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Neck News

Neck Pain? Watch it Dye on Fluoroscopy

This is the first study to look at the number and type of problems after neck injections using a fluoroscope. In fluoroscopy, a video X-ray image guides the doctor in placing the needle. By injecting a dye into the covering that surrounds the spinal cord, the doctor is able to guide the needle into the exact spot and not the nearby tissue or blood vessels.

All patients had neck pain that goes down the arm. This condition is called cervical radiculopathy. For these patients, the cause of their symptoms was either a herniated disc or cervical spondylosis. Cervical spondylosis is a general term for joint damage in the neck that occurs over time from osteoarthritis. The nearby ligaments, soft tissues, and discs are also affected.

Each patient had one or more steroid injections. Most patients had two injections. Problems occurred in just under 17 percent of the patients per injection. Increased neck pain at the injection site was the most common symptom after injection. Other symptoms included headache, difficulty sleeping, and facial flushing. Rarely, meningitis, breathing problems, or arm weakness occurred.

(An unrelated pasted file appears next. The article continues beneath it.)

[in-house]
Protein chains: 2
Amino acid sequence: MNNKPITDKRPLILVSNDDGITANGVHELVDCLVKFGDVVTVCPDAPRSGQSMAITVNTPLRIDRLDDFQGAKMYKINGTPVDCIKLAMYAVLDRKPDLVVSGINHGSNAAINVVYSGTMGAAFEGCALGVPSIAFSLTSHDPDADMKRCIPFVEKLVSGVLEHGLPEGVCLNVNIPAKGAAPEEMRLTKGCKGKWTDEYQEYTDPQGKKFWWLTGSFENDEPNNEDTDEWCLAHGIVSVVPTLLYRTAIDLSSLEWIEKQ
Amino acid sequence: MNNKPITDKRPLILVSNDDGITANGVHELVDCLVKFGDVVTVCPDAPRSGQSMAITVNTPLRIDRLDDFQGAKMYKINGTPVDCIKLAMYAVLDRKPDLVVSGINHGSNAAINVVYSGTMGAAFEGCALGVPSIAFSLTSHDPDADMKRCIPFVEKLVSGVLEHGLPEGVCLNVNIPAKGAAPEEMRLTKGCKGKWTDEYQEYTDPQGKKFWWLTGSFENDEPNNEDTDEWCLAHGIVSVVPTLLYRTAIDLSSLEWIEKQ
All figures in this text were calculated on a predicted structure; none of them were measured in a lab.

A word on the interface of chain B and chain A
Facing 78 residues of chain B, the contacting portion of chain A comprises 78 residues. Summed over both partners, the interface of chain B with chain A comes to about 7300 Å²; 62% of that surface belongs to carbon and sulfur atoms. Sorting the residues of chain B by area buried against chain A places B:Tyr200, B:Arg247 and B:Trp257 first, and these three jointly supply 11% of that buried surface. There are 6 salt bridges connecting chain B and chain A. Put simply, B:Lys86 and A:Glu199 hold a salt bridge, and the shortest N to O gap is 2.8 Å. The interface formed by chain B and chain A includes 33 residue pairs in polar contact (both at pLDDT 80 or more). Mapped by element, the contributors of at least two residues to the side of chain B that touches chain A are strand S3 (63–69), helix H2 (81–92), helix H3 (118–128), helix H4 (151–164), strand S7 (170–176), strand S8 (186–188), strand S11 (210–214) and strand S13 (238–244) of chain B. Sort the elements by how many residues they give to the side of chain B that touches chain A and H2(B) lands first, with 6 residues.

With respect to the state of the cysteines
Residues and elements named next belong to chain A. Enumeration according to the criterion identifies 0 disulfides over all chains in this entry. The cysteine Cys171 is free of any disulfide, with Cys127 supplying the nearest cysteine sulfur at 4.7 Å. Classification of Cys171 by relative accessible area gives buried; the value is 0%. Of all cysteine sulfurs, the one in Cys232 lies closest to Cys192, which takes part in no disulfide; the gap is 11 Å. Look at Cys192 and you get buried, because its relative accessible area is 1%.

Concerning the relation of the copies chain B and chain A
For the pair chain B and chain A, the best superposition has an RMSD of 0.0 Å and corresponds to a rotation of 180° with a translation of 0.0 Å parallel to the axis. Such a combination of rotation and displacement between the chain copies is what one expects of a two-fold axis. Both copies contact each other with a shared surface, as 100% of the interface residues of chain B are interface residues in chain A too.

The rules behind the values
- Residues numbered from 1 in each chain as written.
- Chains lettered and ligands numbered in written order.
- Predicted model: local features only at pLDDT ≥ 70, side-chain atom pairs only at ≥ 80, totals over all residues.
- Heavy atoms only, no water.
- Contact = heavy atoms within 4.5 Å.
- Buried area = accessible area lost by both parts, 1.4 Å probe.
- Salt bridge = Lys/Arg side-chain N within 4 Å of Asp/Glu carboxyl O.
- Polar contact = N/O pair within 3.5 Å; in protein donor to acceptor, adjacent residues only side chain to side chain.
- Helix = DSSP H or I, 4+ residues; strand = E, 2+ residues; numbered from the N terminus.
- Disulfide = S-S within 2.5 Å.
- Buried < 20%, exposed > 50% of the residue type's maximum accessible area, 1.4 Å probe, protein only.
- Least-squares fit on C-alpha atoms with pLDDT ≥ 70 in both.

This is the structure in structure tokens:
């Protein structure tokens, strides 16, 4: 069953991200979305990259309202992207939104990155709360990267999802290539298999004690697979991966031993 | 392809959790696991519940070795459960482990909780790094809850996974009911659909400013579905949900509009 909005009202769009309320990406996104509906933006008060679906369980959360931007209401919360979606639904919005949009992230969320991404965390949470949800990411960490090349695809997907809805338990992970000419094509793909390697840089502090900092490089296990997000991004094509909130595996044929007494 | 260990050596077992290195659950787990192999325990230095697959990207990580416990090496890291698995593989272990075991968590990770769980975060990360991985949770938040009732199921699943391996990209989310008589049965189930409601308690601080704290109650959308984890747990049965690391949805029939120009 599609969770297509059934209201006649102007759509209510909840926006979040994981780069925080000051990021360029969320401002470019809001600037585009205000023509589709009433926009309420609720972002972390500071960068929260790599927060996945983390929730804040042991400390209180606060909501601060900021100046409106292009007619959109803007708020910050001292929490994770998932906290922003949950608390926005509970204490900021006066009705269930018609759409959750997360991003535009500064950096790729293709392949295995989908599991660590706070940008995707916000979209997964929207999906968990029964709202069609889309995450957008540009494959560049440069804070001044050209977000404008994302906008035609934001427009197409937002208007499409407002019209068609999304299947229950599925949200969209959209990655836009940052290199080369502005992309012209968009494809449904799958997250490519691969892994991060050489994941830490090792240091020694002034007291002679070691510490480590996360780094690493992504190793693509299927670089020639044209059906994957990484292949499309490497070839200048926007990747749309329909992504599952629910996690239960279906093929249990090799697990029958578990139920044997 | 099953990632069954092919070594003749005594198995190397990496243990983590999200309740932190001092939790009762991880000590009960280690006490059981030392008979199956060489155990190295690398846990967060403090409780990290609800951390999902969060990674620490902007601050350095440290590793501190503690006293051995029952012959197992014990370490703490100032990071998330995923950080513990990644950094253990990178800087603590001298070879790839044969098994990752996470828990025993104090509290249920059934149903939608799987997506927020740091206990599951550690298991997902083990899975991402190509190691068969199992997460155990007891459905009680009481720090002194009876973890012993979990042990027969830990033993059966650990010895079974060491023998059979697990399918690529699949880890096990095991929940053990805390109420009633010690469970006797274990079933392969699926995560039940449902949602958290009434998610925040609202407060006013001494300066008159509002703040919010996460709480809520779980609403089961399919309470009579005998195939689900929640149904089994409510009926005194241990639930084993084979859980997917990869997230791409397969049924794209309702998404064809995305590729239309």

According to this study, none of the complications was linked to patient age or the number of injections. Whether a lawsuit is pending doesn't seem to affect the outcome either. No one had more than one complication per injection. All problems went away without the need for a hospital visit or further treatment.

The authors conclude that fluoroscopically guided injections to the epidural space of the cervical spine are safe and effective. Used for patients with cervical radicular pain, these injections have a low number of problems that generally go away without treatment.


Kenneth P. Botwin, MD, et al. Complications of Fluoroscopically Guided Interlaminar Cervical Epidural Injections. In Archives of Physical Medicine and Rehabilitation. May 2003. Vol. 84. No. 5. Pp. 627-633.

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